Peter Reynolds

The life and times of Peter Reynolds

Walking The Dog 1

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When I first saw it, my heart went into my mouth and then dropped in to my stomach as I realised I was looking at a pterodactyl. Loping away from a low branch, it’s massive wings somehow rolling up and then unrolling in an unbelievably slow movement, it rose gracefully, magnificently away from me.

Regaining my composure, with my trusty Kodak Digital at my side, I still managed to miss the chance of a great picture and Capone, my faithful, four-legged companion, just looked at me in disgust before doing his own loping away towards the sea.

Ever since then I’ve been hunting the heron and its mate, for there are two of them cruising the farmland, woods and foreshore between Emsworth, Warblington and Langstone. I’ve seen it perhaps half a dozen times in as many months, once just three feet above my head as I walked down one of Havant’s more exclusive residential avenues. Every time I fumble for my camera, it uncurls those great wings, folds its neck up in dinosaur style and leaves me in disarray.

Every day produces something remarkable in this little haven on the south coast. Across Chichester and Langstone harbours the Portsmouth Spinnaker tower glints bright white in the sun. Crowds of brent geese grow bigger and individually fatter by the day and the oyster catchers screech low along the water’s edge, swinging in formation to display the dazzling zigzags along their backs.

When the brent geese first came in from their summer home in the arctic, they would gather in one huge flock of perhaps five hundred in a field just above the sea. Capone would put them up in a force five south-westerly and they would head seaward in a cacophony of honking, flapping wings getting them nowhere, directly into the gale. I would walk on with them above and all around me, hanging motionless, creating a world of noise and feathers and wind and dog and insignificant me.

Warblington cemetery contains a piteous children’s section where the gravestones are decorated with teddies, windmills, rubber ducks, Rupert and Peter Rabbit. Every day that two minute walk touches me but never more so than on Christmas morning. Then, the really remarkable thing was the intense, beaming smiles that both the bereaved mothers gave me as they tended their child’s grave. Walking into the south-westerly that morning made my eyes water as never before.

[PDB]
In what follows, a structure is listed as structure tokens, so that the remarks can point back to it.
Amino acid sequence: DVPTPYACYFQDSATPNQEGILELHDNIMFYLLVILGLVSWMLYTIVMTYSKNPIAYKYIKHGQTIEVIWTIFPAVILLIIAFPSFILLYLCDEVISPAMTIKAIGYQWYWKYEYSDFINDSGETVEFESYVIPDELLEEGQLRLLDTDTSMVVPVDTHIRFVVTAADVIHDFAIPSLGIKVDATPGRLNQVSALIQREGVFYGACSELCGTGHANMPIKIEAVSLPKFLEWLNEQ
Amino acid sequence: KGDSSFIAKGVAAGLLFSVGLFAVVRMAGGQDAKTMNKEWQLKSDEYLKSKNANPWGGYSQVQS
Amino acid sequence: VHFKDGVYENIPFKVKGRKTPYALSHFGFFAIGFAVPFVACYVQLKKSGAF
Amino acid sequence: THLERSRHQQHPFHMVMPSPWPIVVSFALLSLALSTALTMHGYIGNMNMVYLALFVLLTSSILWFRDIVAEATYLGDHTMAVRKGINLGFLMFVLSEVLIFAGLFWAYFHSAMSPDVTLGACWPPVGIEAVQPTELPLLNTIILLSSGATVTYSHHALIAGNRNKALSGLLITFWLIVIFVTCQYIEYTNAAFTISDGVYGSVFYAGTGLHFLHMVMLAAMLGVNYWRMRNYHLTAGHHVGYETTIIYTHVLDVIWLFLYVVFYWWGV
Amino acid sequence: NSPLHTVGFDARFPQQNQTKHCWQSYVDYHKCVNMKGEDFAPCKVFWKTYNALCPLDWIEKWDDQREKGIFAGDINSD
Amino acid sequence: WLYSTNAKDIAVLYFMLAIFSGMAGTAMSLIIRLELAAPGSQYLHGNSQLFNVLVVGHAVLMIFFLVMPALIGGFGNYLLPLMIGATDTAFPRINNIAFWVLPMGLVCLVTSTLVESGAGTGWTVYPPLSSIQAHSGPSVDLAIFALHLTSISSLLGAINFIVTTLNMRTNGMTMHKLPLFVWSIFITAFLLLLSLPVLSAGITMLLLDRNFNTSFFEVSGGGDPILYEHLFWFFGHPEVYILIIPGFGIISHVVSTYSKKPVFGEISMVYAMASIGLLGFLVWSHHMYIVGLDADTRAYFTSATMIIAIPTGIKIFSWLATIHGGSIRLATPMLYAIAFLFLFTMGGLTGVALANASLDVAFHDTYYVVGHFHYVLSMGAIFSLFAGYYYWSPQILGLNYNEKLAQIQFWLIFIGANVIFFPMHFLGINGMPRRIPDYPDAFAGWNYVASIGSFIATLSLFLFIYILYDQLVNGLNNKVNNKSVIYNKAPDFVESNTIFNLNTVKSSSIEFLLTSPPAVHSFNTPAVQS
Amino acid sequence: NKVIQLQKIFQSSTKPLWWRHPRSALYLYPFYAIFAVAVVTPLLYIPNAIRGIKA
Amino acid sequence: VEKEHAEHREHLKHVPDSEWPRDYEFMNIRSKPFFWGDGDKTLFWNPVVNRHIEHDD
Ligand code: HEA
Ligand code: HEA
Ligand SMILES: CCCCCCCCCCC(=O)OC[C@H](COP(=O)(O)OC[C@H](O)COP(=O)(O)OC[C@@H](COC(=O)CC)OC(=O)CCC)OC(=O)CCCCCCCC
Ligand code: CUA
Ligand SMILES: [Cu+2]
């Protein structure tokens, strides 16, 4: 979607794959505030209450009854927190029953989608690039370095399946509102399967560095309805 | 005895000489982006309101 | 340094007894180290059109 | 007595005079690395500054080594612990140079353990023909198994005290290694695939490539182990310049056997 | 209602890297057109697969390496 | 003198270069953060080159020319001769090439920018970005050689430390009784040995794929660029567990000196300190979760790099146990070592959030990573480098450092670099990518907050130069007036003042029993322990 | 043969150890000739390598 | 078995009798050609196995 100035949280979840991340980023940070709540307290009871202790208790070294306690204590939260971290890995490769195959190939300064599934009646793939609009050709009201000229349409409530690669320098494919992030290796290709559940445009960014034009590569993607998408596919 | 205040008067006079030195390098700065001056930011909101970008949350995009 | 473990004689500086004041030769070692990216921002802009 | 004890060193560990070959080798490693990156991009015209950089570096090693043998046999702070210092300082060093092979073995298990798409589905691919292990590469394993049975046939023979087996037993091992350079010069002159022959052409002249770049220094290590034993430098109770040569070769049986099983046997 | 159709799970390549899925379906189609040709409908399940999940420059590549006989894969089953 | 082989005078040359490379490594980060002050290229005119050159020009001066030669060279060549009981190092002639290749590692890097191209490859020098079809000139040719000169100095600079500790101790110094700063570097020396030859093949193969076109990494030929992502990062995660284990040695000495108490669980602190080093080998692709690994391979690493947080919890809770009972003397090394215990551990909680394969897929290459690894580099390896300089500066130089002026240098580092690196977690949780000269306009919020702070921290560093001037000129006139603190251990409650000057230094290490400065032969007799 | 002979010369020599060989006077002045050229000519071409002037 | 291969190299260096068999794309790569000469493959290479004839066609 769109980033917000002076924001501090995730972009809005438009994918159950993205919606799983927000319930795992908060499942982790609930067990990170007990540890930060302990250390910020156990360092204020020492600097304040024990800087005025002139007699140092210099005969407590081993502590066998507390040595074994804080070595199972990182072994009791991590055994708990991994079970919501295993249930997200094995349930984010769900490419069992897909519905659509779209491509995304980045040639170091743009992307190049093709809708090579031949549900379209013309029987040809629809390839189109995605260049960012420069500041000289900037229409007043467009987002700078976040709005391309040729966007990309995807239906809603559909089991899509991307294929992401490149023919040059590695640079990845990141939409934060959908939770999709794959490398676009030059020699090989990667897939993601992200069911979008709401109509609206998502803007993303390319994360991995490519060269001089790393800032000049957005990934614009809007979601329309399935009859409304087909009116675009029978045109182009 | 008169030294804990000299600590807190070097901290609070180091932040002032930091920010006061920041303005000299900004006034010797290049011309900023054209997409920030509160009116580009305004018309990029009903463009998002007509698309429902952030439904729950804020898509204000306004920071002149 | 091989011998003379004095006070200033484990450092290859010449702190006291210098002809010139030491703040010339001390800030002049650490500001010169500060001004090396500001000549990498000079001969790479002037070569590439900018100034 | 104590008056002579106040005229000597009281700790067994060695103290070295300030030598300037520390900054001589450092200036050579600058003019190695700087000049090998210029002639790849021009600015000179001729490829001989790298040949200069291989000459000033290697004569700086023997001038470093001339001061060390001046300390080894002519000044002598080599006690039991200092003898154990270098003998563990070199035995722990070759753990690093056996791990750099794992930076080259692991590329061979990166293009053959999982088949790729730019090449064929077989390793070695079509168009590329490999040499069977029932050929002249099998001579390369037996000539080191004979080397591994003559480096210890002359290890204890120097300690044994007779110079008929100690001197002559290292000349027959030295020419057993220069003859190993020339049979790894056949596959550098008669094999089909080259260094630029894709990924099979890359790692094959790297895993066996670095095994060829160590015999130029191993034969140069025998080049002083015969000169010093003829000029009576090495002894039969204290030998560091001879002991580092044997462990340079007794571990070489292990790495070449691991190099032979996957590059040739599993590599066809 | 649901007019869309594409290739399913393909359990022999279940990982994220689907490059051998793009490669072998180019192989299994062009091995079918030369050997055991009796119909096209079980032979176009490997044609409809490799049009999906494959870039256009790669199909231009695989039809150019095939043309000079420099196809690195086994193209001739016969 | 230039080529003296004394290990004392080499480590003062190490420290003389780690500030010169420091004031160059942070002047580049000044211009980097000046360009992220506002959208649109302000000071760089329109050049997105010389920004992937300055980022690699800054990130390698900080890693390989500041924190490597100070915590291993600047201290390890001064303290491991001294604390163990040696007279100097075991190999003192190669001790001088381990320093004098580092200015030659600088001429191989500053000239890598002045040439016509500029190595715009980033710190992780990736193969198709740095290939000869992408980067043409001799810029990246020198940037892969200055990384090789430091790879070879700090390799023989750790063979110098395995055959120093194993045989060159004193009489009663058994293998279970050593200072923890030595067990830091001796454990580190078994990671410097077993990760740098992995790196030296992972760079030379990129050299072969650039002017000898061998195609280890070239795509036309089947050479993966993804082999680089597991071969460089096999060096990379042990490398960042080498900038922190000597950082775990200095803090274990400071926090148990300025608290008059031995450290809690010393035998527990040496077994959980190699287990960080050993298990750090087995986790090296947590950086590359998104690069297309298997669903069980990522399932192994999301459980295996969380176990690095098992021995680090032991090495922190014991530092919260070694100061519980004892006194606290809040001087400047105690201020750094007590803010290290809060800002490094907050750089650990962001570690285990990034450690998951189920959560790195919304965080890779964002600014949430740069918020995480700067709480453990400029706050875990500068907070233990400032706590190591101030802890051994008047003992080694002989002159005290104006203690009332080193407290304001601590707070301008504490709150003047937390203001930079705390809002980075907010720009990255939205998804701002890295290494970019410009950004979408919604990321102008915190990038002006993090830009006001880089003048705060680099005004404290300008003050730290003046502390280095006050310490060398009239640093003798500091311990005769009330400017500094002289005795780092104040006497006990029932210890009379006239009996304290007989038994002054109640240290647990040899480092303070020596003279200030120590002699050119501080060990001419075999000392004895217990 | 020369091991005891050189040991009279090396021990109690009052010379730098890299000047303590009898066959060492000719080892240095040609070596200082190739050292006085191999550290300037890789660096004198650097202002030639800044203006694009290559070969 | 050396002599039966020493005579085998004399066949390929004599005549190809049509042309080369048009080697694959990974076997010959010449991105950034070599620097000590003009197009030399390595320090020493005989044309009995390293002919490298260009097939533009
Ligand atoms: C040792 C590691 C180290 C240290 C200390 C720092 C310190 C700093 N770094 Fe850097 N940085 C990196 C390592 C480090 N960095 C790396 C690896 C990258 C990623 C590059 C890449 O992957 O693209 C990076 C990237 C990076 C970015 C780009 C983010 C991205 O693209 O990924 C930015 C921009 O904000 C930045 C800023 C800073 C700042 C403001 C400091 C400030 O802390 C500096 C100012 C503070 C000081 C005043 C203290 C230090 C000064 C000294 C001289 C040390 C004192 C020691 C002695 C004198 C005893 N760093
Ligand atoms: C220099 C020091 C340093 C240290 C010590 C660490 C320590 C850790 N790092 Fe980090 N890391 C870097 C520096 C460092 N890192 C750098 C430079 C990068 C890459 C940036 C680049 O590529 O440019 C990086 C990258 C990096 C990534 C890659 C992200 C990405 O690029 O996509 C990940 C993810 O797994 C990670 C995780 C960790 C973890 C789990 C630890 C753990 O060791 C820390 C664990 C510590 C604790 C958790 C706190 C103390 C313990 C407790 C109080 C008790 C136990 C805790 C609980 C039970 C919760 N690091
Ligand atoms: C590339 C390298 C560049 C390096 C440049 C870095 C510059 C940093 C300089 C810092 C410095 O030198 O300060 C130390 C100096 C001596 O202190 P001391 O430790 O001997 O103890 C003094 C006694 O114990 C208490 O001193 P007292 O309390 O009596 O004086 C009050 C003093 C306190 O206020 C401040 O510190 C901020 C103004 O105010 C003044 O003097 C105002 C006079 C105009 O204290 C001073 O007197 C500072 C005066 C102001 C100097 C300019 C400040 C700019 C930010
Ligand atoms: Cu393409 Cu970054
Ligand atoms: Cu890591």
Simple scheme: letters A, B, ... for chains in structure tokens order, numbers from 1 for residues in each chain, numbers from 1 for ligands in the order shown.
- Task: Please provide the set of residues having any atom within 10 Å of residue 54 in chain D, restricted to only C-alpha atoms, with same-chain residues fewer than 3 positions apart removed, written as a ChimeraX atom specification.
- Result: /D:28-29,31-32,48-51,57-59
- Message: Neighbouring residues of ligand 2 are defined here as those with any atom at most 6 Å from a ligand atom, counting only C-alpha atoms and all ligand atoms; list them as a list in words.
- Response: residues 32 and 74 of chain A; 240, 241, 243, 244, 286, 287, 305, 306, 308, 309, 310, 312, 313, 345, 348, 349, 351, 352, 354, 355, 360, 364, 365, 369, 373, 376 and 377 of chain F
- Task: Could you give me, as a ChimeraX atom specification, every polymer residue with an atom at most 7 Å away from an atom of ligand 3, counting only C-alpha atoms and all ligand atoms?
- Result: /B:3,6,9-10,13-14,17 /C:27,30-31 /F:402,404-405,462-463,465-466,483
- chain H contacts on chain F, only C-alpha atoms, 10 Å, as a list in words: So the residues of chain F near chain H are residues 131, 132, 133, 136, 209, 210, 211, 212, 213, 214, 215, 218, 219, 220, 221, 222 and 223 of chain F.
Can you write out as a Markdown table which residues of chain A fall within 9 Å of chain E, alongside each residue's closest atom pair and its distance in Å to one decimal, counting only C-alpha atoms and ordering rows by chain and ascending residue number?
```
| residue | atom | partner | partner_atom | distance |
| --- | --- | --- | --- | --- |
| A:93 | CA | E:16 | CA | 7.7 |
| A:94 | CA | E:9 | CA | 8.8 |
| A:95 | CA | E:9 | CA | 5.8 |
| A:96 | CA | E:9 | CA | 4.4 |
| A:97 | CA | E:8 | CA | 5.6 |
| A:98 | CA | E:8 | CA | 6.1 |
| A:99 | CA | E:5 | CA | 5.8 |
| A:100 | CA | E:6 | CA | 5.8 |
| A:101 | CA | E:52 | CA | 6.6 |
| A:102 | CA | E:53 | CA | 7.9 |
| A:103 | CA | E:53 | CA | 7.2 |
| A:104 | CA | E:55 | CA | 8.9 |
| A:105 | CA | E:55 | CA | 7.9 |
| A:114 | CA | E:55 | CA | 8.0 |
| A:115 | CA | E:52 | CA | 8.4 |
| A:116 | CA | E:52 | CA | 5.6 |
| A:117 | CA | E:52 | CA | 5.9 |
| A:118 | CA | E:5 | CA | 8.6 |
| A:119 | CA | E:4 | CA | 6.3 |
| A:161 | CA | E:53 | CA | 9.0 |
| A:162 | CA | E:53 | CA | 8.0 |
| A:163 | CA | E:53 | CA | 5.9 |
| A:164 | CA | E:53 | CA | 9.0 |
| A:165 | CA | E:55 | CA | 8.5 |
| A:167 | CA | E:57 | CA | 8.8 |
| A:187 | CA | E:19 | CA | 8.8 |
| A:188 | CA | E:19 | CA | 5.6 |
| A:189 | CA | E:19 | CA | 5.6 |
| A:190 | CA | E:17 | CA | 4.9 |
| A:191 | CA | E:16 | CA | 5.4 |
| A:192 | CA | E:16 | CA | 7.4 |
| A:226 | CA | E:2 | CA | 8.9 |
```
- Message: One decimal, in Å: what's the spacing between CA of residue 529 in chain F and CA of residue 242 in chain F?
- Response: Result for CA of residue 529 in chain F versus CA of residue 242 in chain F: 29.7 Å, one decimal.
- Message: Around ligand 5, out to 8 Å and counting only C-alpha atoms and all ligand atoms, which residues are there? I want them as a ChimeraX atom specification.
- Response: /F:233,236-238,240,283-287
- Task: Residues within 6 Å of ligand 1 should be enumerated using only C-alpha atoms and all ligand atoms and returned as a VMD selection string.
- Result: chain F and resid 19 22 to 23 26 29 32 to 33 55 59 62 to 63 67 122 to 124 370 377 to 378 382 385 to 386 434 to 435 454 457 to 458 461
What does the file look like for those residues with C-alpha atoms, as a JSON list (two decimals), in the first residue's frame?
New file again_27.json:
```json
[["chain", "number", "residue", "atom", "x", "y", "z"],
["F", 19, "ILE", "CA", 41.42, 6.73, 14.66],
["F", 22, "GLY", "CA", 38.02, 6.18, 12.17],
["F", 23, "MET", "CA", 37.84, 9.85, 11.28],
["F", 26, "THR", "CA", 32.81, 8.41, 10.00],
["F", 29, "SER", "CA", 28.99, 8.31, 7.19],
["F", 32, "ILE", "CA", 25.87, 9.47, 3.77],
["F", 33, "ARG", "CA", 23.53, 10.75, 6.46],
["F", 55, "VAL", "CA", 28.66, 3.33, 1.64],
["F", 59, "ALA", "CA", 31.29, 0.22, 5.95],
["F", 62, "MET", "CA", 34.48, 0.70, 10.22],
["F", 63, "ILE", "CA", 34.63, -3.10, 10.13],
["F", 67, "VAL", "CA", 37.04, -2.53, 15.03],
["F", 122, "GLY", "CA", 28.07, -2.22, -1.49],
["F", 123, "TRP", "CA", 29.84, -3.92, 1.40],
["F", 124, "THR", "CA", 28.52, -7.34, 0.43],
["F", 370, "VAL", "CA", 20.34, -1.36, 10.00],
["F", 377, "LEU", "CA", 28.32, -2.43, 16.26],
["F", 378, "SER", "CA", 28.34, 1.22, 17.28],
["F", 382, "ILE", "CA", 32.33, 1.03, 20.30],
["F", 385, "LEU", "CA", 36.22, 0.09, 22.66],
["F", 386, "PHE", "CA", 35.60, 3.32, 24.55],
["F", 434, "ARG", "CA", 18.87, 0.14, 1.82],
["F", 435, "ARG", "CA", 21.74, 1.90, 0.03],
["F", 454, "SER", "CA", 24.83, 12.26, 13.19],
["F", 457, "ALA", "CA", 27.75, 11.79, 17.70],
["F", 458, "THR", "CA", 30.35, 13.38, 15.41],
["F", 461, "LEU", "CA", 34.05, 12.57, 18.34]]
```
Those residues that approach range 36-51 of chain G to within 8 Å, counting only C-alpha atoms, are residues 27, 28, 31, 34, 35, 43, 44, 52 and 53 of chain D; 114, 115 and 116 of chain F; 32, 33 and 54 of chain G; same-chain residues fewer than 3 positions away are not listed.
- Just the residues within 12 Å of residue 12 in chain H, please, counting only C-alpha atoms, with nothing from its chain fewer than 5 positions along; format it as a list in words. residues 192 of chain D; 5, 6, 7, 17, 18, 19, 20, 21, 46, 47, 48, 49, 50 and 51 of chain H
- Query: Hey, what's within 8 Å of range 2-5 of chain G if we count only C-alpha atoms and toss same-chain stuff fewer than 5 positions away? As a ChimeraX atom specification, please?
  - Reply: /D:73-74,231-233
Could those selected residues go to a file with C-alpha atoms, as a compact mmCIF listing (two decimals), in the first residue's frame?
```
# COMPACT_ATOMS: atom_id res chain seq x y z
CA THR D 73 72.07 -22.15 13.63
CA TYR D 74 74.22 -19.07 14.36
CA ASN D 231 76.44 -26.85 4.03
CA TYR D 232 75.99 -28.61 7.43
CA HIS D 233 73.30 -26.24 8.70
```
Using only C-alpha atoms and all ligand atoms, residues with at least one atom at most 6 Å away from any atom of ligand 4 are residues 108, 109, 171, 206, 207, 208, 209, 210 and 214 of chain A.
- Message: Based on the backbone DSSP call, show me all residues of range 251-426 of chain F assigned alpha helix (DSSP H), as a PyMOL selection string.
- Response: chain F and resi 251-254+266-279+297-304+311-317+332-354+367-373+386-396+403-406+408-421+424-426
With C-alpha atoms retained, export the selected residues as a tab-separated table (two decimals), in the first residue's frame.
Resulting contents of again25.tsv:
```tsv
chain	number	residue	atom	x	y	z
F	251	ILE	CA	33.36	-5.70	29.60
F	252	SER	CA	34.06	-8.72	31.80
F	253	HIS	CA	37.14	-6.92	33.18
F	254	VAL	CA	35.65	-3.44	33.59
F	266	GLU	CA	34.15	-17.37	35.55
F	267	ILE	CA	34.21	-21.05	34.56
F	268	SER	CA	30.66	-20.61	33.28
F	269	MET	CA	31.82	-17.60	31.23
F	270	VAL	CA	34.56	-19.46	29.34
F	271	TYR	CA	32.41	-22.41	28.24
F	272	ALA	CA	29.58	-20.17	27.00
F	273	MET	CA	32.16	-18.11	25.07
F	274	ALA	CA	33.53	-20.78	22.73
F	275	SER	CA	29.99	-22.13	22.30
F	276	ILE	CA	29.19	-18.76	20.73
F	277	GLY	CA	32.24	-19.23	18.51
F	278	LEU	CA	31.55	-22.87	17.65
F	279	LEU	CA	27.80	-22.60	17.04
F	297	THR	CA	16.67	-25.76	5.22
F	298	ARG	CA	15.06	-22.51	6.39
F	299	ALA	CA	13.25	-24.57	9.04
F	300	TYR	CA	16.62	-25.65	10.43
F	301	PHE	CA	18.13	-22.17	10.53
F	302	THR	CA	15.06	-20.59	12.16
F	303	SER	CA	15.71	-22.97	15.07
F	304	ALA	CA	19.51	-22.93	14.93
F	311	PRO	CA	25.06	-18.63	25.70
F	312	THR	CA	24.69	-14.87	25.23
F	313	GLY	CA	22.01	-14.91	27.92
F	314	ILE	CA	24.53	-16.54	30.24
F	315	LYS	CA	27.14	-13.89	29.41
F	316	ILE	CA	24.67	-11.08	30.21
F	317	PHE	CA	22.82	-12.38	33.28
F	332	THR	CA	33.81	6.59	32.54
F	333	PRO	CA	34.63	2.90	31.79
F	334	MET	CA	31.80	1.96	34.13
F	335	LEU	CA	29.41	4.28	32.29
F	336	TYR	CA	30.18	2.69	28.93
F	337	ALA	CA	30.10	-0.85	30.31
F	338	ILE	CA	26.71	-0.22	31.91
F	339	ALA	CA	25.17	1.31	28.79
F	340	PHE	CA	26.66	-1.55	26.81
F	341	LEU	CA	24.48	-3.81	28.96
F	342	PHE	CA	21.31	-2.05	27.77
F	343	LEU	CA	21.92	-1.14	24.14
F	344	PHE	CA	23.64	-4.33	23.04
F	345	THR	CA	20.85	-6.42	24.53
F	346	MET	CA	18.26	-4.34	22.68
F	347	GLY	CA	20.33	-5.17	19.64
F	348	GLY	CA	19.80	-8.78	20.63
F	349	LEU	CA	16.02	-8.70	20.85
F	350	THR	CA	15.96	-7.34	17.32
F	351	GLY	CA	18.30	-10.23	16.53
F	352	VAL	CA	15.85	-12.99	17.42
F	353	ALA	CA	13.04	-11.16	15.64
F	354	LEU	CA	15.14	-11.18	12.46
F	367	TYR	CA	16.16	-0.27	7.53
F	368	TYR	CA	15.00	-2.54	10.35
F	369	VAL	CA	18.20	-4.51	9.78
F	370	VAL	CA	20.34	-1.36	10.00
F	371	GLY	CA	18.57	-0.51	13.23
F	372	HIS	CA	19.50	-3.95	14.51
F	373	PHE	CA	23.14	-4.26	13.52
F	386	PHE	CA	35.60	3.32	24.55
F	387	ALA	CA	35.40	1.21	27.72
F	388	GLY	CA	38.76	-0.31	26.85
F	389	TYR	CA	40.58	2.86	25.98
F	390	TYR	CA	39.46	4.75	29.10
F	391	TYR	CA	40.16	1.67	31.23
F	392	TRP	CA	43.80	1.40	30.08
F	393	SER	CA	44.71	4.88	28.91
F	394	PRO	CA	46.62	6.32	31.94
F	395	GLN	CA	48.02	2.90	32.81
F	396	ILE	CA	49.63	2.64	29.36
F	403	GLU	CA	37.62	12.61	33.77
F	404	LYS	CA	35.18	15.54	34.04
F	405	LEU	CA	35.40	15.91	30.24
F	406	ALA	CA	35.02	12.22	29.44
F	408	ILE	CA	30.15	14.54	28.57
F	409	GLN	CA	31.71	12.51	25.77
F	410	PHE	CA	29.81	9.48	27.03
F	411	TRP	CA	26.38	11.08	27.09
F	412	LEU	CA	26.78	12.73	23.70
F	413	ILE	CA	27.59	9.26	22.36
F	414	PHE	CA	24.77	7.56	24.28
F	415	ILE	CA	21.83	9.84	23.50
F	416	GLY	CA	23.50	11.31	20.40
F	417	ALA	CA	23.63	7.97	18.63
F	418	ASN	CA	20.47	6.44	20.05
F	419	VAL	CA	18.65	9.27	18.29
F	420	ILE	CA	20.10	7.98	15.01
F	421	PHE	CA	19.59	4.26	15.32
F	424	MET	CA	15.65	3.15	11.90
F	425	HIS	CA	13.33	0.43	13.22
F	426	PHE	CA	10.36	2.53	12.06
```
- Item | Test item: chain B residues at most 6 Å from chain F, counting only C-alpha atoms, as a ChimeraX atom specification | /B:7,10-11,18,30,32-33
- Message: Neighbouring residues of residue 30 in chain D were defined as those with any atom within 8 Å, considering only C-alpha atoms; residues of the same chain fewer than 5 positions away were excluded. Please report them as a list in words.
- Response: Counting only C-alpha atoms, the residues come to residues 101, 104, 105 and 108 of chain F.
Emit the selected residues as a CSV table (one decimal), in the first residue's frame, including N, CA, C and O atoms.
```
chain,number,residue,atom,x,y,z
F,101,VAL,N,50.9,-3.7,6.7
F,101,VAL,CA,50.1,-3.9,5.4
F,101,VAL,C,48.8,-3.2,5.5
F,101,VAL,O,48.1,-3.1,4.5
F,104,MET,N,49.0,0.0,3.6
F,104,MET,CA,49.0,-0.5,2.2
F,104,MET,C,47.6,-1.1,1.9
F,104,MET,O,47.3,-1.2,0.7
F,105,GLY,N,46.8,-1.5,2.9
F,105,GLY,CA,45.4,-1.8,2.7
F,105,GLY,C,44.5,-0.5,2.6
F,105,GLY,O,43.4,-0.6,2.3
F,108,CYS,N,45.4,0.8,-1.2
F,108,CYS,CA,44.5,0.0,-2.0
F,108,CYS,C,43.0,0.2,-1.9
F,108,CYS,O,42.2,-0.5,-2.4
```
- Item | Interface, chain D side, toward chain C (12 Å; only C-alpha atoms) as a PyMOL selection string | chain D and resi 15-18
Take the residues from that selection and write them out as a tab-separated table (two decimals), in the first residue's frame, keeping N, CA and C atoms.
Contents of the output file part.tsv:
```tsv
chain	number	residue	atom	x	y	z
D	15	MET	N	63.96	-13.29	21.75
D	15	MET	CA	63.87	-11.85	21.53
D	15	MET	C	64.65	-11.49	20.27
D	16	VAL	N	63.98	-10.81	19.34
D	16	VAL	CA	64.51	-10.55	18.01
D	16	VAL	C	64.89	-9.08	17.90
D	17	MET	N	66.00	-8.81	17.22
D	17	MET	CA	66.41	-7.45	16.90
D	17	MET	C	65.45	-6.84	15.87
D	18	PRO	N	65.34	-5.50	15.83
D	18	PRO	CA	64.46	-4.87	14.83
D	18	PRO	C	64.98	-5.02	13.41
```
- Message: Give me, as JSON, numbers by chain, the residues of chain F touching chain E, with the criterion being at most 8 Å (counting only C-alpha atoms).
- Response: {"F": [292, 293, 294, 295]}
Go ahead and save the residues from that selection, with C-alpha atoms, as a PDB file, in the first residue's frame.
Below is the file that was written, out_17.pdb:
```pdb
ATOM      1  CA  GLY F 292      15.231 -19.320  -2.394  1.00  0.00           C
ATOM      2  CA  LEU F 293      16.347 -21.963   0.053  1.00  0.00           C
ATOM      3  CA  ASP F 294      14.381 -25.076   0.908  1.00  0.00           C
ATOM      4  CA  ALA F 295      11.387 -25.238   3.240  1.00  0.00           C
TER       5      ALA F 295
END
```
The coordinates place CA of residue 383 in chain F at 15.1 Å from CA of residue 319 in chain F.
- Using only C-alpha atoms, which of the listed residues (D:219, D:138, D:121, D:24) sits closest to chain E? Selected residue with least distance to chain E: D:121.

The March storms brought both drama and damage, the fields along the coast displaying lines of seaweed 40 yards further back than usual. Other dog walkers who live right on the foreshore told me their roof tiles were tinkling like a xylophone. Parts of Emsworth were flooded. The sea overflowing the mill pond wall filled the empty eight and a half acre pond in half an hour and brought down great lengths of the inner retaining wall. I found myself up to my knees in overflowing sea as it swept in round the sailing clubhouse and caused chaos in the dinghy park.

This morning I left the warmth of Nore Barn Wood and struck out across the most heavily pigeoned stubble field I know. Then to my right a white object caught my eye in the middle of the boggy area that runs down to the stream where the pterodactyl had first frightened me. Capone and I diverted and plugged our way towards it but it was still, inert, probably one of those plastic bags that Emsworth has virtually done away with. We trudged on, me avoiding the cow pats, Capone stepping in every one and relaxed into the warm morning sunshine, another storm promised for the weekend.

It rose again, elegant and yet ponderous at the same time, lofted up and away and gone.

Peter Reynolds 20-03-08

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